After an 11-year hiatus, the Pulitzer prize-winning author revisits his most enduring character, Frank Bascombe, a former sportswriter turned real estate agent. Bascombe, now 55 years old, newly divorced, battling prostate cancer, has reached the Permanent Period: "the time of life when very little you say comes in quotes, when few contrarian voices mutter doubts in your head, when the past seems more generic than specific, when life's a destination more than a journey and when who you feel yourself to be is pretty much how people will remember you once you've croaked. . . ." It's Thanksgiving week, and Frank Bascombe narrates with an armchair philosopher's appreciation for everything from the route he drives to work to the grandest themes in everyday life as he navigates the highways and byways of the Garden State. His two grown children (his "reformed" lesbian daughter and his emotionally removed son who pens greeting cards for Hallmark), his Tibetan business associate, Mike Mahony, and his ex-wife Sally, all come under his highly entertaining scrutiny. Although the book could be criticized for taking pages to describe the simplest interactions, with detail that can be overwhelming numbing, the very notion of this novel is that the drama is in the details of our non-dramatic lives. The audio format lends itself to such expository story-telling, and the narrator -- who sounds like I envision Frank Bascombe sounds -- enhances the tale.
"Nineteen Minutes" is typical Jodi Picoult in that it addresses a contemporary topic. Like her earlier "My Sister's Keeper," which wrestled with the ethics of a "designer" baby conceived for the purpose of saving a life, "Nineteen Minutes" details the aftermath of a high school shooting. What makes the story unique is that Picoult provides the reader with enough background about the shooter Peter Houghton -- whose small stature and propensity for speaking "Martian" render him an outcast from kindergarten -- that we sympathize with the character notwithstanding the heinous nature of his crimes. Picoult, as usual, crafts a workmanlike tale, but there are better novels that address this subject matter, such as Lionel Shriver's chilling, "We Need to Talk About Kevin."
Pessl has not met a metaphor, simile or obscure literary reference that she doesn't like, and she liberally sprinkles her novel with literary and pop cultural references. This mystery/coming of age tale, narrated by the precocious teen, Blue van Meer, follows a clique of popular students and their glamorous and mysterious film studies teacher. Although amusing, the novel becomes a bit tedious towards the middle, but is saved by a tongue-in-cheek "final exam" that puts into question all of Blue's conclusions. The narration is fabulous -- the reader sounds exactly as one would imagine Blue to sound.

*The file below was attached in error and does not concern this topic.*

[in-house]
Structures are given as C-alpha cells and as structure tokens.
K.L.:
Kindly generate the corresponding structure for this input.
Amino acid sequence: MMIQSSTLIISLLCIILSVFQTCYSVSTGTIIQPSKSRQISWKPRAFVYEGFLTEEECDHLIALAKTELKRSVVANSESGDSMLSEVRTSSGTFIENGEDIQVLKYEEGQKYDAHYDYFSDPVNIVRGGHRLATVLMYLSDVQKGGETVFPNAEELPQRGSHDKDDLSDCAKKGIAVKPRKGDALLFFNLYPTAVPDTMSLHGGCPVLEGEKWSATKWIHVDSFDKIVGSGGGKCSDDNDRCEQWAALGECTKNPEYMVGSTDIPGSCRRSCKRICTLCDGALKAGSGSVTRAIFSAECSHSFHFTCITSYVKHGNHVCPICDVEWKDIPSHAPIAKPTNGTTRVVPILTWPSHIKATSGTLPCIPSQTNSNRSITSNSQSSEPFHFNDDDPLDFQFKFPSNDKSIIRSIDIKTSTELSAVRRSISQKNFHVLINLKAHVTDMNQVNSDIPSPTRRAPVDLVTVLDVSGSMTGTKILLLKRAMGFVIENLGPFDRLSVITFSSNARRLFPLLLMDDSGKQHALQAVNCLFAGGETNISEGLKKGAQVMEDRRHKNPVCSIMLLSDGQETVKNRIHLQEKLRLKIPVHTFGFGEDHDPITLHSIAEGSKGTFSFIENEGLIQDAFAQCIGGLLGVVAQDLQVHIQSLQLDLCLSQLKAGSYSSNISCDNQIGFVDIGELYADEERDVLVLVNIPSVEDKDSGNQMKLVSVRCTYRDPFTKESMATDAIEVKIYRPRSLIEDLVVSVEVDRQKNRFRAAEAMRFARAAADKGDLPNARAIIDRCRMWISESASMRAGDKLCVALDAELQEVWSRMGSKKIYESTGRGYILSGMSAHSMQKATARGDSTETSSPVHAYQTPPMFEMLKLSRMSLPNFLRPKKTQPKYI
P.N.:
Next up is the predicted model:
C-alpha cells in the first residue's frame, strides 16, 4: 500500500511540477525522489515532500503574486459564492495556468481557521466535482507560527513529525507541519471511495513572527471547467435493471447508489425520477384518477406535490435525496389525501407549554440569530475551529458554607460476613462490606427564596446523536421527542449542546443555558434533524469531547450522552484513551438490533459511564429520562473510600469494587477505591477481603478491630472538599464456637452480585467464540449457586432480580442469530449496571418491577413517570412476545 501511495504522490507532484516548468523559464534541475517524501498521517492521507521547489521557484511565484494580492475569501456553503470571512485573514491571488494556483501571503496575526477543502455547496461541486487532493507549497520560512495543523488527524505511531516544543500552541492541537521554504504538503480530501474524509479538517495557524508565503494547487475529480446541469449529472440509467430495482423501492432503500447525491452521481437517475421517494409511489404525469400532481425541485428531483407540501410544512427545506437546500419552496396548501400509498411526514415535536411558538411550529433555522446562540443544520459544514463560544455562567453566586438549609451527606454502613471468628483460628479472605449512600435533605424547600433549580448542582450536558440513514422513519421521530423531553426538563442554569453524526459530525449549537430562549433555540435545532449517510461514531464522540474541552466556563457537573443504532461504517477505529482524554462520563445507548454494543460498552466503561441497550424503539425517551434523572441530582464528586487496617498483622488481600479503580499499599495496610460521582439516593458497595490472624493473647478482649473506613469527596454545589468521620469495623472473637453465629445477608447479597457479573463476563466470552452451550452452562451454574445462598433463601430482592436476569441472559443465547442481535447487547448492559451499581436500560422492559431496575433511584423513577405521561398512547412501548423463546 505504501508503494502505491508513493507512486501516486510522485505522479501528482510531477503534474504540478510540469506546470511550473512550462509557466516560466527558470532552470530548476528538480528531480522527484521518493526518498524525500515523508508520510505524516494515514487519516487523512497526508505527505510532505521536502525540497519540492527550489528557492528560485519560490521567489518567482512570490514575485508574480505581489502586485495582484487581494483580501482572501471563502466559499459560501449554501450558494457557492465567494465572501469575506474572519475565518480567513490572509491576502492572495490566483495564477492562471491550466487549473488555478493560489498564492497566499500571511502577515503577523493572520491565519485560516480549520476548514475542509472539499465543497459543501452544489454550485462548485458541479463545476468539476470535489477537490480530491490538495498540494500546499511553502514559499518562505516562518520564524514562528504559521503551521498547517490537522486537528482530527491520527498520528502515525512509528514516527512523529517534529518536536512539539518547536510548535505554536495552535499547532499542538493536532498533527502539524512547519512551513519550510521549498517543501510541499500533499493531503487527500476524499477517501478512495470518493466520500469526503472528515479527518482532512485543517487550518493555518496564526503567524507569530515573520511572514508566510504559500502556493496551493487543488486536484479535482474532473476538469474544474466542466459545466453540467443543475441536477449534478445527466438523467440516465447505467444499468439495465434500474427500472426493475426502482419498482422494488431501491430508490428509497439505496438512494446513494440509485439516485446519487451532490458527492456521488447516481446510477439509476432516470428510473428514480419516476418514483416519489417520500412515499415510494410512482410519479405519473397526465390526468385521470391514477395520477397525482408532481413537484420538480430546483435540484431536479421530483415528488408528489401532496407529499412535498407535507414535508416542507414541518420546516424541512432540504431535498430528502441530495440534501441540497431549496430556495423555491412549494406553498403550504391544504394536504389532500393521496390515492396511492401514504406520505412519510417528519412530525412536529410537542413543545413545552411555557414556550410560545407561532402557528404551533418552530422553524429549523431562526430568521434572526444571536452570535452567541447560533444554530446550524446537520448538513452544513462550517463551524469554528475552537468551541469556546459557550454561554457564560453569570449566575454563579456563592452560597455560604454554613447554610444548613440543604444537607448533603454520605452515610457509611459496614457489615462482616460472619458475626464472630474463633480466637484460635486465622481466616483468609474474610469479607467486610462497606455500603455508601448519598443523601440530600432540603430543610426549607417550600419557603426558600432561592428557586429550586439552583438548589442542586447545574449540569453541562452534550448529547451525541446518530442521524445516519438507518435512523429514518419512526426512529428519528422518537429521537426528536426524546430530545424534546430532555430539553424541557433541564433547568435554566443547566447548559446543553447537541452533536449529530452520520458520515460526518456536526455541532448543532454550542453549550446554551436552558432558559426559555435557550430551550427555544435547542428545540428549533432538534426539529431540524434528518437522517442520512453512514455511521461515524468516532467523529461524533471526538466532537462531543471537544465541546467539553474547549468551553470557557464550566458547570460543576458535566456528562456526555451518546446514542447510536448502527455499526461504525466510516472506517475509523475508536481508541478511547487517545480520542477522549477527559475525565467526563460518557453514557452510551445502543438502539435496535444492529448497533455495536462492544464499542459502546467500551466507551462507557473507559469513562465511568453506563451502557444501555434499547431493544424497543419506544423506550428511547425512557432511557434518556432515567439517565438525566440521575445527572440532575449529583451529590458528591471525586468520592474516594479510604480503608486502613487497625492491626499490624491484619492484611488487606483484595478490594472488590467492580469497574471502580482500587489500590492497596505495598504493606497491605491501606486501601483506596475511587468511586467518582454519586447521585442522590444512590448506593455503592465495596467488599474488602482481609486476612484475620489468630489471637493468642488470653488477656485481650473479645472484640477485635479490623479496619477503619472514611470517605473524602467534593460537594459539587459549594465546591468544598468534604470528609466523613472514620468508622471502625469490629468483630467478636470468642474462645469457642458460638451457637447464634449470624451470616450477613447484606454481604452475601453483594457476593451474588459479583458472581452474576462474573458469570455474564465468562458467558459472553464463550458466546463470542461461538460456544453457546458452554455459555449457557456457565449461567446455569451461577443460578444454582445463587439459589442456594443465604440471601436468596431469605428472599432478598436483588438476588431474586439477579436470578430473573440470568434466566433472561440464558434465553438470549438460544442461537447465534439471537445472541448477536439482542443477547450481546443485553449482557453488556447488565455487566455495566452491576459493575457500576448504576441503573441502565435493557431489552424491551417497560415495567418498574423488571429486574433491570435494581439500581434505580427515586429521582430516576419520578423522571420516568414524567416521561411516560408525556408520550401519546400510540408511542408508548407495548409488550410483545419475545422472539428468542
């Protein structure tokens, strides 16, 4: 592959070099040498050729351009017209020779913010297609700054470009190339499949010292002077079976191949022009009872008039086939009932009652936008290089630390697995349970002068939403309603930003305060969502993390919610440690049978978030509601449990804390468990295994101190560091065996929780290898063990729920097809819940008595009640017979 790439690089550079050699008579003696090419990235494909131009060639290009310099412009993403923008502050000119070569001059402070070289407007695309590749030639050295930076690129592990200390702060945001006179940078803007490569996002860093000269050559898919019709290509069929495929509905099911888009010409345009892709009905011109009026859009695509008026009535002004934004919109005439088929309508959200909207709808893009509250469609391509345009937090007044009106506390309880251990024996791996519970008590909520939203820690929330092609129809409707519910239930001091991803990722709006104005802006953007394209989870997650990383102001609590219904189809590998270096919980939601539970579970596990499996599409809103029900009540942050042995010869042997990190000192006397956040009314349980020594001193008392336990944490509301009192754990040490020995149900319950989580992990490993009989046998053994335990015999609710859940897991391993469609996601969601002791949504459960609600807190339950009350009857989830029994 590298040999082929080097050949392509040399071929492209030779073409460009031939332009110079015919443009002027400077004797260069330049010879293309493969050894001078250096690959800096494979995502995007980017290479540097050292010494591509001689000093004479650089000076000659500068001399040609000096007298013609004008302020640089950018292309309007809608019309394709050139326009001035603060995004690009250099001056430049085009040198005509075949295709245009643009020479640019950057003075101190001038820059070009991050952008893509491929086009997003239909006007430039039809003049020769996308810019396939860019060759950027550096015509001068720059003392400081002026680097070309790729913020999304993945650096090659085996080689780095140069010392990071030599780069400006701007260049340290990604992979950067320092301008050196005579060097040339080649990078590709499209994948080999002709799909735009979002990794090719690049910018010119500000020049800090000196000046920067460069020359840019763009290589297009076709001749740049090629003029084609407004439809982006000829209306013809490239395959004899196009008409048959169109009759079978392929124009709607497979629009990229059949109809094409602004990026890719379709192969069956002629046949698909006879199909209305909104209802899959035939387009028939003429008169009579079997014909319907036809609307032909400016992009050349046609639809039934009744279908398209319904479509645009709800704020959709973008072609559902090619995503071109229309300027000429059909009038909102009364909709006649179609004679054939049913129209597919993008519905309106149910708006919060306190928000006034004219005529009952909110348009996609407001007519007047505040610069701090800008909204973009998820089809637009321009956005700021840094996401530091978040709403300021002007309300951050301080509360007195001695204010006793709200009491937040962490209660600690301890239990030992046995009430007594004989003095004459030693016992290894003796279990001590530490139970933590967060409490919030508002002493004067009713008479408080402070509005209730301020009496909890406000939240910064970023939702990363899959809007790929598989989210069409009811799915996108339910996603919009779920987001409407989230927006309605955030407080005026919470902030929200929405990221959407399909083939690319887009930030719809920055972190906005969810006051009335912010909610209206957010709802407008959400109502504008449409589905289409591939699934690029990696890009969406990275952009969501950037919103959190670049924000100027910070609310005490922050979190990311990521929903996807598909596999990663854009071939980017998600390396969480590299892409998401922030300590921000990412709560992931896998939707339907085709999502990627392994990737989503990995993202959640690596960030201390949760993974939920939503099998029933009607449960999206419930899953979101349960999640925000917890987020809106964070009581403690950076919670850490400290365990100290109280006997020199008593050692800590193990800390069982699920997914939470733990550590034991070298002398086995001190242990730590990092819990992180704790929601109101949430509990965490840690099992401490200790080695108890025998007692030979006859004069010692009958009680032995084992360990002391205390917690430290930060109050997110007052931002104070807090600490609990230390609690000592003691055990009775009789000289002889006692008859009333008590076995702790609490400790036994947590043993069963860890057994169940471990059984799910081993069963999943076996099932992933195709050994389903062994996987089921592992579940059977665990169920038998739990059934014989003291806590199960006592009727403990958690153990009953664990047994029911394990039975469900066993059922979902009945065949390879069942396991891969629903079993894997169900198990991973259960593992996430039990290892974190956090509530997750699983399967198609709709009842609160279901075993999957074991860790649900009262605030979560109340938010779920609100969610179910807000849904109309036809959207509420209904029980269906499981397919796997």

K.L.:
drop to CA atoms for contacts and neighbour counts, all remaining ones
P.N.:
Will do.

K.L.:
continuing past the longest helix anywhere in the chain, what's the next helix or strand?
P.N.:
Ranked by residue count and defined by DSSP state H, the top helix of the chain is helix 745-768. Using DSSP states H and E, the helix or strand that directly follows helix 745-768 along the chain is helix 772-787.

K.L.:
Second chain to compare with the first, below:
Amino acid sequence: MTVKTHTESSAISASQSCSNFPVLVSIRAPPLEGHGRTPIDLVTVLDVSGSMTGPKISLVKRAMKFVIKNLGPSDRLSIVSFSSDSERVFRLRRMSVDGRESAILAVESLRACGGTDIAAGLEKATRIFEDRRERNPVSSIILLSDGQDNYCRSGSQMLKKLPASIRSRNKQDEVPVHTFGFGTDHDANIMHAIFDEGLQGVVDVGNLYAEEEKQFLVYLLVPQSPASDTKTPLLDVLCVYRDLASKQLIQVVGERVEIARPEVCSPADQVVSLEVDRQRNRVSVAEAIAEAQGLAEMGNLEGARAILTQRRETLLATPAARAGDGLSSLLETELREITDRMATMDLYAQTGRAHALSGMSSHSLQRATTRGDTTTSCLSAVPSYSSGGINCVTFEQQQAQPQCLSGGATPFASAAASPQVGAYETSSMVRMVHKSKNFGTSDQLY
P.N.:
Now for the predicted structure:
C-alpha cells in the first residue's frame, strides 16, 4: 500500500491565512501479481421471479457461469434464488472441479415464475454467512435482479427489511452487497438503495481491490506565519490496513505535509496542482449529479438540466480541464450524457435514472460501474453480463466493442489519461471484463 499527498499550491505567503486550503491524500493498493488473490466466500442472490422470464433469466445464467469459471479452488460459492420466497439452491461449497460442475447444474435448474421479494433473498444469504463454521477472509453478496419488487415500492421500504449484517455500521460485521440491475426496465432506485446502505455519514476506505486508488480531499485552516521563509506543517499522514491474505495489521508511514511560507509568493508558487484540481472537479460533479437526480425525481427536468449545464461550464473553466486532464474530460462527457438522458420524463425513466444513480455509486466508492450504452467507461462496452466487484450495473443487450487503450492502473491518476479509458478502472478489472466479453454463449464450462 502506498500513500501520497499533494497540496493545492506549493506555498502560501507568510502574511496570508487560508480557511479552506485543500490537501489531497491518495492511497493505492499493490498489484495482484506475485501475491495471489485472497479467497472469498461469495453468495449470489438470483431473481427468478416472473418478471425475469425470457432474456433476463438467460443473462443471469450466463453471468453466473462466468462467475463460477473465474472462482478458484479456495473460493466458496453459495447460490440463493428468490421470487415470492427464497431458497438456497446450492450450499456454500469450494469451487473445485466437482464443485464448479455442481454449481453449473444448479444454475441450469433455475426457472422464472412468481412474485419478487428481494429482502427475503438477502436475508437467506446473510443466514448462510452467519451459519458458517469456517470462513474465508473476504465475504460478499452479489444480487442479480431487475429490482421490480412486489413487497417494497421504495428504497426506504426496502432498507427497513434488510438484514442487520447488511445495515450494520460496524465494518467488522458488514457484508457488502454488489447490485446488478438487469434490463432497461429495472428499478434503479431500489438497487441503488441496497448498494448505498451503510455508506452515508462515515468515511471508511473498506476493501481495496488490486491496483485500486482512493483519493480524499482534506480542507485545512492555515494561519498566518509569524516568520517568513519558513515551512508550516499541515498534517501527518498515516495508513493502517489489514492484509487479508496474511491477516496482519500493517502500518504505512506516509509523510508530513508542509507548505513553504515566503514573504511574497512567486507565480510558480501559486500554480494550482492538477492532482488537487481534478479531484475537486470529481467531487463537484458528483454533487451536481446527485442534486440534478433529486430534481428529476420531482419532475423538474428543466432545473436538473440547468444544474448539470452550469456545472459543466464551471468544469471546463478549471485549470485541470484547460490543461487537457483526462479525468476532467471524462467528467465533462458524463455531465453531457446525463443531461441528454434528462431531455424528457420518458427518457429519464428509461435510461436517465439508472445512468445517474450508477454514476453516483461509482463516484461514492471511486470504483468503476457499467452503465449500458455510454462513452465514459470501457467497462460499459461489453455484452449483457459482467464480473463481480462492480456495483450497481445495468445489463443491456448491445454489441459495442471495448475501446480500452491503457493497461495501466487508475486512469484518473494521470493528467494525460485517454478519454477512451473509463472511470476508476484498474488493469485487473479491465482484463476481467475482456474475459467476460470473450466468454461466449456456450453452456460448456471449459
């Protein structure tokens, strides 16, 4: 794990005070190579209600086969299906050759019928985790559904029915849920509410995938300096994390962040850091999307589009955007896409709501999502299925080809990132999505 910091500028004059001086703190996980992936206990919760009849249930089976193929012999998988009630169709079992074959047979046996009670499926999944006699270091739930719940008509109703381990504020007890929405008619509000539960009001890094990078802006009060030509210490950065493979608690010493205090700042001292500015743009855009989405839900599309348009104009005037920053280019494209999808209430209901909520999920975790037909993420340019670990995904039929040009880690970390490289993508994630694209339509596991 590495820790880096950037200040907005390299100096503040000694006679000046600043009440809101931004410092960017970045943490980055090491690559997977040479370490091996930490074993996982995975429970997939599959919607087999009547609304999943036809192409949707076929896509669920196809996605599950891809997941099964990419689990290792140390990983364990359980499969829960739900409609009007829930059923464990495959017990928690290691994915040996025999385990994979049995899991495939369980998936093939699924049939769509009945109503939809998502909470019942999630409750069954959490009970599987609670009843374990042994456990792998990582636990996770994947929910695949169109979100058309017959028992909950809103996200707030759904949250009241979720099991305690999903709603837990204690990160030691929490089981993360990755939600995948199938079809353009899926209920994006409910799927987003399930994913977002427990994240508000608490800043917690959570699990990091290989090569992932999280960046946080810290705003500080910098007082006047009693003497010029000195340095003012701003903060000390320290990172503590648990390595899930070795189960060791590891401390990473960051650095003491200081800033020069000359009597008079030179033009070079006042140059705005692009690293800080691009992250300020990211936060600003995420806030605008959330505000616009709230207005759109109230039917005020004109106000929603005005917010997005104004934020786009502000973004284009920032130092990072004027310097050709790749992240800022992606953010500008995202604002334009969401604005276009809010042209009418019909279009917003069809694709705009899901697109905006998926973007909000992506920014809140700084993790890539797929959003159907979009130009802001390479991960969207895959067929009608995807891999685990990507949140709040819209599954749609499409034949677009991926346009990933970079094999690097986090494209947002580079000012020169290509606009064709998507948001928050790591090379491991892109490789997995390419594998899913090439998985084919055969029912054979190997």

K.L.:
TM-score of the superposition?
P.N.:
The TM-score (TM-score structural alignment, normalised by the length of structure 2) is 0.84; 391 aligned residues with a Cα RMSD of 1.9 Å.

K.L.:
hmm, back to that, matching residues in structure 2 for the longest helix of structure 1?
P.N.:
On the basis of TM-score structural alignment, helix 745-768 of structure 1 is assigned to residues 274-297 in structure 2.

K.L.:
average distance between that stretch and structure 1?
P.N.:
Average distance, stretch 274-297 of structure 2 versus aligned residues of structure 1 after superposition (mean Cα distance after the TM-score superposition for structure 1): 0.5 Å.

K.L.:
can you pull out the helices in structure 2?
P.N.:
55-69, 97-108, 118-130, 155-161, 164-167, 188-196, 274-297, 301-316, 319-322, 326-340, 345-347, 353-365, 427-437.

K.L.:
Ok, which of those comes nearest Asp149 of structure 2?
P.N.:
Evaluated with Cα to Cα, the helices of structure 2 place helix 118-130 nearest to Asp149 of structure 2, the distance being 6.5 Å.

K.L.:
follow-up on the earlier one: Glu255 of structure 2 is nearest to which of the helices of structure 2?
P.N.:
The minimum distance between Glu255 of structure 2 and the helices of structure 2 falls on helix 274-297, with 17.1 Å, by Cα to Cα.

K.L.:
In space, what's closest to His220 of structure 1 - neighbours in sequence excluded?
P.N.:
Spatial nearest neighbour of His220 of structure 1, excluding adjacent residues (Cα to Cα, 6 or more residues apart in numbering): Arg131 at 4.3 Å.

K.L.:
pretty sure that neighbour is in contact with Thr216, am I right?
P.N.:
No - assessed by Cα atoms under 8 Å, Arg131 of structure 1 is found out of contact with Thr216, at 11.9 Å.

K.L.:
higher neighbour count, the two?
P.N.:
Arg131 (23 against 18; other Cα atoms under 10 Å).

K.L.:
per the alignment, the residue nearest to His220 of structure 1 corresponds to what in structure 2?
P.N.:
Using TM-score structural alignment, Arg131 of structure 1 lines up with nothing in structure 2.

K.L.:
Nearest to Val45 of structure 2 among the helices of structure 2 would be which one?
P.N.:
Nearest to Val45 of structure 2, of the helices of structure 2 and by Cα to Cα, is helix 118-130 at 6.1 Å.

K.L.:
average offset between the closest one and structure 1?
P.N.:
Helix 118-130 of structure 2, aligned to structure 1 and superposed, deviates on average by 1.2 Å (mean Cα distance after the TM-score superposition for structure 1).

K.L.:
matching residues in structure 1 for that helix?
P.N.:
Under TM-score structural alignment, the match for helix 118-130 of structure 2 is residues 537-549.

Having survived depression spawned by a painful divorce,Elizabeth Gilbert takes the listener on a charming journey of self-discovery and reflection as she enjoys pasta and gellato in Italy, finds God in an ashram in India, and learns at the feet of a medicine man in Bali (where she also gains a new love interest). Although I was skeptical that this could be a memoir that was a tad Birkenstock and carrots and granola in baggies for my taste, I found that I was completely absorbed by Gilbert's experiences in these exotic locales and, more particularly, by the various (and always amusing) people she befriended on her travels. As an extra bonus, because Gilbert narrates her memoir, the listener knows exactly the emotions she is trying to evoke, whether it is wry, sarcastic, or sincere.
This moving and powerful book, authored by a published writer in France who perished at Auschwitz, presents two parts of a planned multi-part suite which were recently discovered by the author's surviving daughters. The first, "Storm in June," relates the tale of disparate denizens of Paris fleeing to the countryside steps before the Germans. The second, "Dolce," depicts the German occupation of a French village and the strained relations between the soldiers and their reluctant hosts (some of whom were introduced in the first part). This novel is beautifully wrought, with profound insights into human nature -- greed, corruption, grief, fear -- and told with a sly wit and humor. Expertly read with just the right dramatic punch. As an added bonus (for those of us who are bereft of foreign language skills), was the opportunity to listen to a correct pronounciation of the various French names and locations.
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